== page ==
Who: Timothy J. Sexton is a screenwriter and producer who recently helped give cinematic life to one of South America’s greatest historical figures: Simón Bolívar. His screenplay for The Liberator, which recently made its U.S. premiere, follows Bolívar’s rise in early-19th Century Venezuela, then establishing the first union of independent nations in Central/South America (Gran Colombia), which covered modern Colombia, Venezuela, Ecuador, Peru, northern Brazil and Panama. The subject of Bolívar’s fight against the Spanish Empire was at the other end of the spectrum from a previously-written screenplay about Hernán Cortés, who had helped establish Spain’s dominion in early-16th Century Mexico. Sexton had also been nominated for an Academy Award for Best Adapted Screenplay as part of the writing team behind Mexican director Alfonso Cuarón’s Children of Men. Sexton scripted The Liberator while living in Mérida, Venezuela, covering the walls of his house in note cards with facts about Bolívar’s expansive life accomplishments. After nine drafts of the screenplay (including one told from the POV of Bolivar’s enemies), the result was a story that portrays the arc of Bolívar’s transformation from aristocrat, to revolutionary, to President of Gran Colombia from 1819-30, and his ultimate fall from political grace. Camera In The Sun spoke with Sexton for an October 2014 interview about Bolívar, and his portrayal on the big screen.
When did you first learn about Simón Bolívar?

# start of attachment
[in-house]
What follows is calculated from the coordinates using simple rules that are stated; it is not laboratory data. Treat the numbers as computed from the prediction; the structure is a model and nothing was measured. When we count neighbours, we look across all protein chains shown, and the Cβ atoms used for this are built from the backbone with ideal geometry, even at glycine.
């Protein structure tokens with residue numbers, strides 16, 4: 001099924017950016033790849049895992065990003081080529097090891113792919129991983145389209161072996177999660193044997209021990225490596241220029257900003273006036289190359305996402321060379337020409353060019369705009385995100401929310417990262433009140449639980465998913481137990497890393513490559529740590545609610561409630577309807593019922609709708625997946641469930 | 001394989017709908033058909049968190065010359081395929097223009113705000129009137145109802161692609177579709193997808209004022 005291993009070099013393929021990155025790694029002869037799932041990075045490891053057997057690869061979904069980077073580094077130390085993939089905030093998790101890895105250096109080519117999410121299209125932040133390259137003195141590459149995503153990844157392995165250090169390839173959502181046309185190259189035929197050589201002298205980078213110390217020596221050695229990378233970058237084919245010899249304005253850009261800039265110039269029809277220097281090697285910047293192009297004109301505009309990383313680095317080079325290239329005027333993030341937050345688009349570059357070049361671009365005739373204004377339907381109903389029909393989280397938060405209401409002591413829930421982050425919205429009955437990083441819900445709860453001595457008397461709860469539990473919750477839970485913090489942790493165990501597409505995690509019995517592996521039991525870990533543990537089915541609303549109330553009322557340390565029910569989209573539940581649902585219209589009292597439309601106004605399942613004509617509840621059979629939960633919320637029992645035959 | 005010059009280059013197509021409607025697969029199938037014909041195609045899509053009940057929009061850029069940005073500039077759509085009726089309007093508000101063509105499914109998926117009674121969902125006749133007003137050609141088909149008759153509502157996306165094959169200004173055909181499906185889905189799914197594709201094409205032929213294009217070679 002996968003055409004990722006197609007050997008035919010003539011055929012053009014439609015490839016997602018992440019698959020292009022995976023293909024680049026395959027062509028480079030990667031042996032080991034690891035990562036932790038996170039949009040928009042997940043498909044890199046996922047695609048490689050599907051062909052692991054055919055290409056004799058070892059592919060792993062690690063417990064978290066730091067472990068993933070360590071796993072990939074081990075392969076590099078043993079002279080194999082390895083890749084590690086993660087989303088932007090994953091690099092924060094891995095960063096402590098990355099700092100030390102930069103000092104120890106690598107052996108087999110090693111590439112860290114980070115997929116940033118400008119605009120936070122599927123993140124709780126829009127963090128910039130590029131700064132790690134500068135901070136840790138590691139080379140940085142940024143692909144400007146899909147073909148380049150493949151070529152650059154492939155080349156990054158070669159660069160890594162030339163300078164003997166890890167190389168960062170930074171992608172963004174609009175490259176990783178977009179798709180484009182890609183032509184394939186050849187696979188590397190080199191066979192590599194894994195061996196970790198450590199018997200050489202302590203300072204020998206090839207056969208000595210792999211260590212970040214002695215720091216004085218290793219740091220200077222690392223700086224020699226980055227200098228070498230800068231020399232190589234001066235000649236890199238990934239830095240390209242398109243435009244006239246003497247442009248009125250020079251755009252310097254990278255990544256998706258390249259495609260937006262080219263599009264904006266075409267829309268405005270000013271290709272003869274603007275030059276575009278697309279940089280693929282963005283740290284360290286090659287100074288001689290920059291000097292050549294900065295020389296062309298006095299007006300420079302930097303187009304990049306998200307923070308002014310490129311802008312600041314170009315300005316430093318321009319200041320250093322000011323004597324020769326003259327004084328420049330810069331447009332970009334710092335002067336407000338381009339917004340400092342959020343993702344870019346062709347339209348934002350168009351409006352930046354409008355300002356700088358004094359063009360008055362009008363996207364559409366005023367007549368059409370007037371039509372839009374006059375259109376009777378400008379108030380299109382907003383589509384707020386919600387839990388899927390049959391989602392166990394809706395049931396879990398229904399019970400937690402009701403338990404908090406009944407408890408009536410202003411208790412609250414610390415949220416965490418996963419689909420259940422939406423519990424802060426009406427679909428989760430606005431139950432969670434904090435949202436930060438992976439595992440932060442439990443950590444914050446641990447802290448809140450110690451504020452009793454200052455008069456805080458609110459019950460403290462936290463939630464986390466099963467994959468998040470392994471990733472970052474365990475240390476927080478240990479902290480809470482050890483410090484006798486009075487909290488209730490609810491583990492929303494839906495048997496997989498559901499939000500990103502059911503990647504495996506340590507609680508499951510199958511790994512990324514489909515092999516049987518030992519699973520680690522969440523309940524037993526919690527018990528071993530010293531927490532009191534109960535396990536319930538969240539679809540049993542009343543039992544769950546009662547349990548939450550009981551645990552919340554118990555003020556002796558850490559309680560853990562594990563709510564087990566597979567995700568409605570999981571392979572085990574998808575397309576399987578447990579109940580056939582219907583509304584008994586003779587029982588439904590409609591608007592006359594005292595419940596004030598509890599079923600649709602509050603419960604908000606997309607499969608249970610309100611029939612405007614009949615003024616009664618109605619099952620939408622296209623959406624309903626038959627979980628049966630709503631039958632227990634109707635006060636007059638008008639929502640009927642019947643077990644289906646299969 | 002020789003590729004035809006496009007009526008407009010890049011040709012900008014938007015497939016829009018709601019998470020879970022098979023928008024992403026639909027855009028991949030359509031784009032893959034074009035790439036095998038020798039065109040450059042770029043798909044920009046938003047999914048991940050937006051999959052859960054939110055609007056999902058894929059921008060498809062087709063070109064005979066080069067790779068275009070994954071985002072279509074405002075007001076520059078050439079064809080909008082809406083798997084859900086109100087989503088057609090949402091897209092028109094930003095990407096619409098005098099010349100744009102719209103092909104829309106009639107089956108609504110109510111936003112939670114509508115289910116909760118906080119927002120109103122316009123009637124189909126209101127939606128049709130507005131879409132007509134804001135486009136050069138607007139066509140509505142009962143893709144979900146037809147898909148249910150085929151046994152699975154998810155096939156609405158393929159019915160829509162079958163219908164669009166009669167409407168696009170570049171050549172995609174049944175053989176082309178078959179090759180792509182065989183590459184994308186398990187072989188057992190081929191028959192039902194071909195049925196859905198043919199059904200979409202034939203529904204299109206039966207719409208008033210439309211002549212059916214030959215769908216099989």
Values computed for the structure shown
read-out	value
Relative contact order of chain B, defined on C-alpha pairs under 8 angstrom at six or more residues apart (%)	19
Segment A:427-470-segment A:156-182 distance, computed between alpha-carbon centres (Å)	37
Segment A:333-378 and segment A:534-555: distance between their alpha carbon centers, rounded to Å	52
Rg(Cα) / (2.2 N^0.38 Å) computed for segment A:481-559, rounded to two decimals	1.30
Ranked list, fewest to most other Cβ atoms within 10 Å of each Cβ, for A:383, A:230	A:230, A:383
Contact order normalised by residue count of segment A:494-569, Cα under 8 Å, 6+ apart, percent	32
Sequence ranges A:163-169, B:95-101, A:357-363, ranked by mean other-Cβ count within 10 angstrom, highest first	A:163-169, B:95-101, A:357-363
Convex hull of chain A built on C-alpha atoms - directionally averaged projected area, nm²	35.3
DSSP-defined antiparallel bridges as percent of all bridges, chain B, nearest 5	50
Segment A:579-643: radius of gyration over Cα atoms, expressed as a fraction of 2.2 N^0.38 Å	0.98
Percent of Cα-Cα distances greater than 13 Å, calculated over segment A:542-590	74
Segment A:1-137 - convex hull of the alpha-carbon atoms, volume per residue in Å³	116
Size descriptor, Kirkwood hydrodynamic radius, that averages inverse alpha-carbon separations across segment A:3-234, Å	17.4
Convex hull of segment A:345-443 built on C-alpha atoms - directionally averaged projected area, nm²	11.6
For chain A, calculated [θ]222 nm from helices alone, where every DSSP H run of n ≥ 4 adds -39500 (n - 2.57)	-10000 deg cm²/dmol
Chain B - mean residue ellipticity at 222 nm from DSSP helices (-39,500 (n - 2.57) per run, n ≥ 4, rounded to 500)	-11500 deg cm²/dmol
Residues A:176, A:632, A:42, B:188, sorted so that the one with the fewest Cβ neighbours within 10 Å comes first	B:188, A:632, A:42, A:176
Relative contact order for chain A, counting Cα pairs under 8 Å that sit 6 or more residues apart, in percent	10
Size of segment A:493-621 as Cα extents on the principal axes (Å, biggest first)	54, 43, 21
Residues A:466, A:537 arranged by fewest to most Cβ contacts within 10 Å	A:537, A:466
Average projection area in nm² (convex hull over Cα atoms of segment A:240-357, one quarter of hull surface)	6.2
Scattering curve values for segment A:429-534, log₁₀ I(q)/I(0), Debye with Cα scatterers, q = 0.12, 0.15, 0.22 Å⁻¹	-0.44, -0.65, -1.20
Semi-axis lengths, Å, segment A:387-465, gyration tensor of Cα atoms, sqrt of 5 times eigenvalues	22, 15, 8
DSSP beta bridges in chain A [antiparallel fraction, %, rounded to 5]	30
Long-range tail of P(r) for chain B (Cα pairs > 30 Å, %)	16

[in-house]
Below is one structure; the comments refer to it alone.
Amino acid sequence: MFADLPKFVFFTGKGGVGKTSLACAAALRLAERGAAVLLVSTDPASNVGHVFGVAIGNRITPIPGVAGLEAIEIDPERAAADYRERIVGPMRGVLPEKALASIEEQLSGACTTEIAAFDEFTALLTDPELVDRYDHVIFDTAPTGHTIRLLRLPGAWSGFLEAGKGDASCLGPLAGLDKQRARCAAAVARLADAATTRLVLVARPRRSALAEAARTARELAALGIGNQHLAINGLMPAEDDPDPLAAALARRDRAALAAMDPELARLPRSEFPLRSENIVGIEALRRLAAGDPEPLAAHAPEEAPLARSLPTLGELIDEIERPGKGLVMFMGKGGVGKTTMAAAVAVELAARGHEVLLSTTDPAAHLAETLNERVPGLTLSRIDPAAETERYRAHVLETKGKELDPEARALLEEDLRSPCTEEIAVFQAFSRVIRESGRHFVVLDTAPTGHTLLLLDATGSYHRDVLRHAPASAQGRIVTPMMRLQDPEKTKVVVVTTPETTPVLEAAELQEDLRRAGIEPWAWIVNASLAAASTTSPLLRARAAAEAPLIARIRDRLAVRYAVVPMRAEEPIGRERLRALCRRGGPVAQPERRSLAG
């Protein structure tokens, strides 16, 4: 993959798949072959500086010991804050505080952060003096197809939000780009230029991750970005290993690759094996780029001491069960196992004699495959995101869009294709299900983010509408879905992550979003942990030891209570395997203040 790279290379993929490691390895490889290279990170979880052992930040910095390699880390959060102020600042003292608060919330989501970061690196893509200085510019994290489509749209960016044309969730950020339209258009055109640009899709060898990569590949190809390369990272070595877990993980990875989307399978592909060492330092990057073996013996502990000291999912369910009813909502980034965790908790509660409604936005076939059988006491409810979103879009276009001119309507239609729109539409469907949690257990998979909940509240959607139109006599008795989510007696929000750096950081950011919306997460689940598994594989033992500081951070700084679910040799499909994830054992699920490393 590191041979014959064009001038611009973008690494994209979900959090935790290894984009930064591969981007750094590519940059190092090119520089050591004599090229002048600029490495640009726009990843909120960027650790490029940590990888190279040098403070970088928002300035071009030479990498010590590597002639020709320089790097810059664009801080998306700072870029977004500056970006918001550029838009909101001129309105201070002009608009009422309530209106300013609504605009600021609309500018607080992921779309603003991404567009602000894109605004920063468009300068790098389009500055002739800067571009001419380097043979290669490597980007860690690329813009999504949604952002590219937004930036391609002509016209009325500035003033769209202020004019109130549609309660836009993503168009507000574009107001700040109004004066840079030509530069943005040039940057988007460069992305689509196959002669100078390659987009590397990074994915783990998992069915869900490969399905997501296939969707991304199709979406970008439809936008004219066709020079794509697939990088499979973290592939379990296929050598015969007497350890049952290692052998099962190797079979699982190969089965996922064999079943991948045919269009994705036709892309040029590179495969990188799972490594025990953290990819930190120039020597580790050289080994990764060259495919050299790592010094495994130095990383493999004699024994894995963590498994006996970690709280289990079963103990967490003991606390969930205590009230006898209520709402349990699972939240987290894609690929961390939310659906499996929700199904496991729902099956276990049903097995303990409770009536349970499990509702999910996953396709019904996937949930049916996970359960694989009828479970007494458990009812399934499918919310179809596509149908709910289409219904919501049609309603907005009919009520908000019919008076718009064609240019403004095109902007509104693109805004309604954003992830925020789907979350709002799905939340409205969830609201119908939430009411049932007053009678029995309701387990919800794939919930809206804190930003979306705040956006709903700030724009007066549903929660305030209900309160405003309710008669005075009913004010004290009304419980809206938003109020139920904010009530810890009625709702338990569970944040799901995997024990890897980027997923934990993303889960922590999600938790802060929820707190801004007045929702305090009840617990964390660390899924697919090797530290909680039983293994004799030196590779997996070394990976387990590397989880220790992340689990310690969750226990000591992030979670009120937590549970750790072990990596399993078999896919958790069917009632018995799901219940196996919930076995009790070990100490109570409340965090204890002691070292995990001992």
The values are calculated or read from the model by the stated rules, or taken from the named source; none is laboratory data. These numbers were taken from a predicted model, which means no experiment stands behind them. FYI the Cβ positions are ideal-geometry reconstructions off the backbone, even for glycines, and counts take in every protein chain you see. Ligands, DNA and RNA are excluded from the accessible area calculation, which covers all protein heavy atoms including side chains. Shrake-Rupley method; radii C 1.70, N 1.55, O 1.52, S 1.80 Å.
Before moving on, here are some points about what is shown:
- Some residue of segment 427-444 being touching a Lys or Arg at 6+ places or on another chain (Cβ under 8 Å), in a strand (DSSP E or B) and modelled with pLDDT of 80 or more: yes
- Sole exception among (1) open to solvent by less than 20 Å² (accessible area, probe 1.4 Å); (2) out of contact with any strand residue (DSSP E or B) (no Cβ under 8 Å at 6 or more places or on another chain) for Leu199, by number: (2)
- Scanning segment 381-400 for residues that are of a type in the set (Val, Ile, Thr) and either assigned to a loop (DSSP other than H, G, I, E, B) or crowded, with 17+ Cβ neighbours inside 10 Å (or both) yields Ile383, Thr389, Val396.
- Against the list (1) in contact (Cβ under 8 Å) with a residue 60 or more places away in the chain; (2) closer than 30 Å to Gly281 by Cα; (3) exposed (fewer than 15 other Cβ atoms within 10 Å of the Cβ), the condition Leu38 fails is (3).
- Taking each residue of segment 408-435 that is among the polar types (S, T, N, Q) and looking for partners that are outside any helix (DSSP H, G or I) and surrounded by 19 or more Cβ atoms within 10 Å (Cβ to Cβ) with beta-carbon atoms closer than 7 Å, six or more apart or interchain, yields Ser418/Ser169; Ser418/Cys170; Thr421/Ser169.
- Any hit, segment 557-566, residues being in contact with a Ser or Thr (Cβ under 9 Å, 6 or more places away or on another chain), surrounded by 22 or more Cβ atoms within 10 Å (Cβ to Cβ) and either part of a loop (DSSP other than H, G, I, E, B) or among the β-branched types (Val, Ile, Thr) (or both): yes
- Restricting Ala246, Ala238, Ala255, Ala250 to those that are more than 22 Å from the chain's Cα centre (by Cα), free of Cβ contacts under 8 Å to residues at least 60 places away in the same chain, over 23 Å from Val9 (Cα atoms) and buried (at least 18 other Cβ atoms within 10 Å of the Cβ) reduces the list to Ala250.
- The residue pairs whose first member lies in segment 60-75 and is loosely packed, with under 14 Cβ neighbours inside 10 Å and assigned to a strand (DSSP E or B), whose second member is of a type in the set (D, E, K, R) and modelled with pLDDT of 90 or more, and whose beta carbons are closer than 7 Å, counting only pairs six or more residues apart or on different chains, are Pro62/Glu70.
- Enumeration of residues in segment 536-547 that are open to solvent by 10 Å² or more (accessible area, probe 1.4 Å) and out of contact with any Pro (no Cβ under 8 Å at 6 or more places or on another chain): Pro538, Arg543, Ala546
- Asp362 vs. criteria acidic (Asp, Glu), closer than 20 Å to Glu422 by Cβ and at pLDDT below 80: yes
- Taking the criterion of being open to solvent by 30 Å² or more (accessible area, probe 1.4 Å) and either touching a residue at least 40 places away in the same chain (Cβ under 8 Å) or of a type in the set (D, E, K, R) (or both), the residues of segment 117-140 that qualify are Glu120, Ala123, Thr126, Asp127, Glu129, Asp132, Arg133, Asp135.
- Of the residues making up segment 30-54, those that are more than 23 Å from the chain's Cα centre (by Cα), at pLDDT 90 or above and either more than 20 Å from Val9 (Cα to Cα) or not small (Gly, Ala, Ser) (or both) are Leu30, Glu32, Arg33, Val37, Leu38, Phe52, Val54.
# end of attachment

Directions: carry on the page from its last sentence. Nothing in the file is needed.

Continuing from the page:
My first contact with Bolívar was a town south of St. Louis named after him. But they call it “Balliver”. I never connected the name of that town with Simón Bolívar, until I started on this project. But ultimately, when the project was mentioned to me as an idea, I realized how ignorant I was about this life. It became my mission to basically set the gap in my education, and come to know this really important cat in South American history.
The end of his life was the end of a dream of a unified continent that would be cohered by philosophical and humanitarian ideals, and could compete economically with the other developing powers. There’s a Quixotic quest to his life that was ultimately unrealized and tragic.
I think everyone who came across Bolívar was kind of blinded by his light, initially. [Francisco de] Miranda was one of the people that saw a possibility of using that light to shine toward his own ends. And with the exception of [Antonio José de] Sucre, Bolívar really didn’t achieve any long-term allies. What he was able to win with different alliances, those split off, and everyone kind of went about pursuing their own agenda, and using Bolívar toward that agenda. The use of Bolívar began in the 1820s, and continues to this day. In a way, he’s a malleable concept. You can look to Bolívar as a champion of human rights, if that’s your worldview. You can look to Bolívar as a pragmatic unifier of states, if that’s your worldview. I went to Venezuela for two months to research this life. And on the day I landed in Venezuela, I was the most ignorant person about the life of Simón Bolívar in that country. The taxi driver had a much broader view of Bolívar than I did. But what I found is that everyone’s got their own interpretation of this guy. Which made it sort of daunting, because he’s still very much a living concept. But it gave me a certain freedom, because like anyone else, I was allowed my own interpretation. There’s not a monolithic version of Bolívar.
Did you utilize any of Bolívar’s writings for your dialoge?